I love cookbooks the way Oprah loves bread.
So, I’ve decided to actually do something about it – each week that it’s feasible, I’m concentrating most of that week’s cooking/baking efforts on a single book, making three to five recipes from it. I’ll report on my endeavors here each Friday!
Although it’s been published for several years now, Flour by Joanne Chang is new to my collection and after baking four recipes from it, I have no idea what took me so long to pick it up. It’s a fantastic book that not only inspires you to bake fearlessly, her directions are just good. The recipes work.
I began with Cornmeal Lime Cookies, which I thought for sure I’d burned at the edges when I removed them from the oven, but they were delicious! I think I made them a little bigger than instructed because I wound up with about three fewer cookies than I was supposed to, but I’ll just have to stand by it. Oh, and these got even better the next day.
Next I made Lemon Ginger Scones, mainly because I had some crystallized ginger that needed using up. Results? Outstanding! This is the one recipe I deviated from in the cooking method – the book instructs to cook them for a longer time at a lower temperature, but I’ve always made scones and biscuits at 425 F and anywhere between 12 and 20 minutes bake time. The high heat blasts the cold butter and makes them taller and flakier. Since I know this method works, and this way gets the scone in your mouth faster, I stuck with it. Worked beautifully!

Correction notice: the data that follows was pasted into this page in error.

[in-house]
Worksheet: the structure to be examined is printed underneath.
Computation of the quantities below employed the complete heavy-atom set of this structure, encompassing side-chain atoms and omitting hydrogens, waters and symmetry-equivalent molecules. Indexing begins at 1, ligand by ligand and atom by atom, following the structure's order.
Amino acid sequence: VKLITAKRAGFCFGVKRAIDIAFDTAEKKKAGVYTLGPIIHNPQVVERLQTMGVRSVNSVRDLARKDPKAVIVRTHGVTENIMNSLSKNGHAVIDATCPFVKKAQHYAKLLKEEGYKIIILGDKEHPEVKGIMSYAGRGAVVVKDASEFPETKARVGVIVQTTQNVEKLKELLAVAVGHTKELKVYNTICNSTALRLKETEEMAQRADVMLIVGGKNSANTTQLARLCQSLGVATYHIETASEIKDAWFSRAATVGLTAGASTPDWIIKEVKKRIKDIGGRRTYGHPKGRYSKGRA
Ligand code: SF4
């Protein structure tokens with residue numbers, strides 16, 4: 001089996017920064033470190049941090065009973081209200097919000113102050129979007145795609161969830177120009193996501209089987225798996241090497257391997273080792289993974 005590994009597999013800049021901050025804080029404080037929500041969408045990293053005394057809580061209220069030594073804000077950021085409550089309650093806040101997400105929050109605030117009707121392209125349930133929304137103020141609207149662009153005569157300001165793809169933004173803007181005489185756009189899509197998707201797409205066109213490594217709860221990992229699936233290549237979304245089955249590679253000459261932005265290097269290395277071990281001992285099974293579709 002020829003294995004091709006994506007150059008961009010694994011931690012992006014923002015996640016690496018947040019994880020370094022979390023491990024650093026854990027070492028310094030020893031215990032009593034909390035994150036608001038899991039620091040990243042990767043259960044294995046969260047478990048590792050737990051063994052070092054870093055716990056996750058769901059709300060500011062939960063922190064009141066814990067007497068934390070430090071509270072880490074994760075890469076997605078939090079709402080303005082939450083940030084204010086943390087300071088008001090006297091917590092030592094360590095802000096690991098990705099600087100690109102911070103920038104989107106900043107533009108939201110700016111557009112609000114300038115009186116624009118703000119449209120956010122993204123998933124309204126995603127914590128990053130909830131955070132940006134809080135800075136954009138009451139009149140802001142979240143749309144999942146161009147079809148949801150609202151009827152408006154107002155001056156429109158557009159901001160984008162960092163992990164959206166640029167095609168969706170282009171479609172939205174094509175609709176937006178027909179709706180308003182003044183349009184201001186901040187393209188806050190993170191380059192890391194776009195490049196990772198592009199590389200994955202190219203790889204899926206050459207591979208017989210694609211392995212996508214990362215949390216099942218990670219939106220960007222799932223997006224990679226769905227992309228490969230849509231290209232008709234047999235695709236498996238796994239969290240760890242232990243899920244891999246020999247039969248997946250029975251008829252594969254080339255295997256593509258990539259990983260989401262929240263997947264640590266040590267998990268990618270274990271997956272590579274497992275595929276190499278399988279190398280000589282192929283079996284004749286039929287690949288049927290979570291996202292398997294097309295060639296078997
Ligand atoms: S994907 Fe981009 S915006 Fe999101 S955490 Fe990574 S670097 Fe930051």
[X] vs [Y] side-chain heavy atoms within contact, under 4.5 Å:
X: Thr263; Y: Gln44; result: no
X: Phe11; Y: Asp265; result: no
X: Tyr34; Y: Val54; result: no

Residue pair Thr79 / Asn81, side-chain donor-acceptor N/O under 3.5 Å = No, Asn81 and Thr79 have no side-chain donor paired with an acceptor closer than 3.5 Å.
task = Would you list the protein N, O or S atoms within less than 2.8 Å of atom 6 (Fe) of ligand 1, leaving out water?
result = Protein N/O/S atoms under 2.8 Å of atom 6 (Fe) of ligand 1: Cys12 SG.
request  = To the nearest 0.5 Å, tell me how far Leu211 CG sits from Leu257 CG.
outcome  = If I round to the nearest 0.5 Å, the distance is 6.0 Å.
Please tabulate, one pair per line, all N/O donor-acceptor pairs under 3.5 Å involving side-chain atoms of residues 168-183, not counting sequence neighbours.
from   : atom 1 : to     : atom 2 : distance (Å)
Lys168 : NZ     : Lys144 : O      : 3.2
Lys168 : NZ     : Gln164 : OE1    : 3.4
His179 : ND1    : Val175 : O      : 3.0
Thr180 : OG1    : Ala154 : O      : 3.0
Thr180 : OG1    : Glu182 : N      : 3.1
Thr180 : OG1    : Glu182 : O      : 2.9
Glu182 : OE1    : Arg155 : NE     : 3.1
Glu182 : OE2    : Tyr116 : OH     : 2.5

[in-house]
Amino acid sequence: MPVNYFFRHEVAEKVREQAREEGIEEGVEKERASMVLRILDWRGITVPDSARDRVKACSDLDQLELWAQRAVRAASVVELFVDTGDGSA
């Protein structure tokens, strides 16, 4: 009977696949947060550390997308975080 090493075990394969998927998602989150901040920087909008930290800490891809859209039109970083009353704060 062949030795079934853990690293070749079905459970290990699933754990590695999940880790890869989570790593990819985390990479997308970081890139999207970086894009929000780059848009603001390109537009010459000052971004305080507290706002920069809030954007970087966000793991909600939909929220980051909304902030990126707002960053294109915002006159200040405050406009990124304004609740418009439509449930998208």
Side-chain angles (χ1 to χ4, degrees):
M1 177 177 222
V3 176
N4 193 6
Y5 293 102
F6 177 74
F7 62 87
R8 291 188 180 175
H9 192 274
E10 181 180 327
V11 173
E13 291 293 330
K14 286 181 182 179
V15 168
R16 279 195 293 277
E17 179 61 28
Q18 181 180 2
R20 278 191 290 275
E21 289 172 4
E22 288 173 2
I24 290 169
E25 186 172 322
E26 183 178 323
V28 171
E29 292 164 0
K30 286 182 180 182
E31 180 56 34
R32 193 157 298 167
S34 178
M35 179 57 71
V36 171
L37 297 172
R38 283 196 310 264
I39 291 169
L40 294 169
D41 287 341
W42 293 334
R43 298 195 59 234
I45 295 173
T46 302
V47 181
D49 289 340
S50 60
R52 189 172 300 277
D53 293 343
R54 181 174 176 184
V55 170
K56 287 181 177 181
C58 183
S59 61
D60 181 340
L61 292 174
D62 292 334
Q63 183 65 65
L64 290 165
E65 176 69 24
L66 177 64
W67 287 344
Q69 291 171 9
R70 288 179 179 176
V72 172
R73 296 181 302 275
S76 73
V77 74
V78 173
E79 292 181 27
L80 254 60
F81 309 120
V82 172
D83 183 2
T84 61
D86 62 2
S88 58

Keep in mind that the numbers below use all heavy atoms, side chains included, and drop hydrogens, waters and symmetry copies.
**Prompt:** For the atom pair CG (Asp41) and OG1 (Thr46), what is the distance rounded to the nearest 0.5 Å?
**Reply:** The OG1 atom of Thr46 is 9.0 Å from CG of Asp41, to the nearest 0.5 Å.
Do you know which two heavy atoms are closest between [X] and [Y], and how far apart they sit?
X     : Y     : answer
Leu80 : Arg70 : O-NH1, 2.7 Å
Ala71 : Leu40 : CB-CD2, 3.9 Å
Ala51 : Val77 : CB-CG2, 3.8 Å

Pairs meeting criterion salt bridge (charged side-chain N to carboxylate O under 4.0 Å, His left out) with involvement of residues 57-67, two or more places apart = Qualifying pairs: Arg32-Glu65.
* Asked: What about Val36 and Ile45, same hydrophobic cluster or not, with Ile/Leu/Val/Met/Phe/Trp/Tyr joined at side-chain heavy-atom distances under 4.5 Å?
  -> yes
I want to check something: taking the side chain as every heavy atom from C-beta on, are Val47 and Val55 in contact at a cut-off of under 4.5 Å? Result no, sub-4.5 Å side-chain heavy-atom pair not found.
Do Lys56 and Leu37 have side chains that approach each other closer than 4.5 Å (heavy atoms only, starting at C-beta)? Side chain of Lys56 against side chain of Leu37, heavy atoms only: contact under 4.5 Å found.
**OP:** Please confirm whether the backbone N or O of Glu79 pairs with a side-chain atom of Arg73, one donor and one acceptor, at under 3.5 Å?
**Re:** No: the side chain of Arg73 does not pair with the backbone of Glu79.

I made her brioche dough, which is enough for either two loaves, or two recipes calling for manipulating the dough into a breakfast treat. I went for the latter, and one recipe of brioche dough yielded a batch of Flour’s famous sticky buns and a brioche au chocolat. I followed her directions exactly on the brioche dough and found them very precise and successful.
So, Flour Bakery’s Sticky Buns shot to fame on that old Food Network show “Throwdown” and they are most assuredly worth the hype. This may ruin all other sticky buns for you, period. The recipe worked *exactly* as advertised, and they are just. so. good! Tastes best slightly warmed.
With the remaining half of the brioche dough, I made Brioche au Chocolat, which is essentially rolling out the brioche dough to a thin rectangle, spreading pastry cream all over it, and sprinkling chopped dark chocolate on the bottom half; fold it in half, cut into logs and bake. I thought for sure this was going to be the terrible recipe because the insides royally spilled out of the logs, but somehow it all worked. They’re not the prettiest breakfast pastry out there, but swoon-worthy delicious.
Overall, highly recommend this book to any home bakers out there!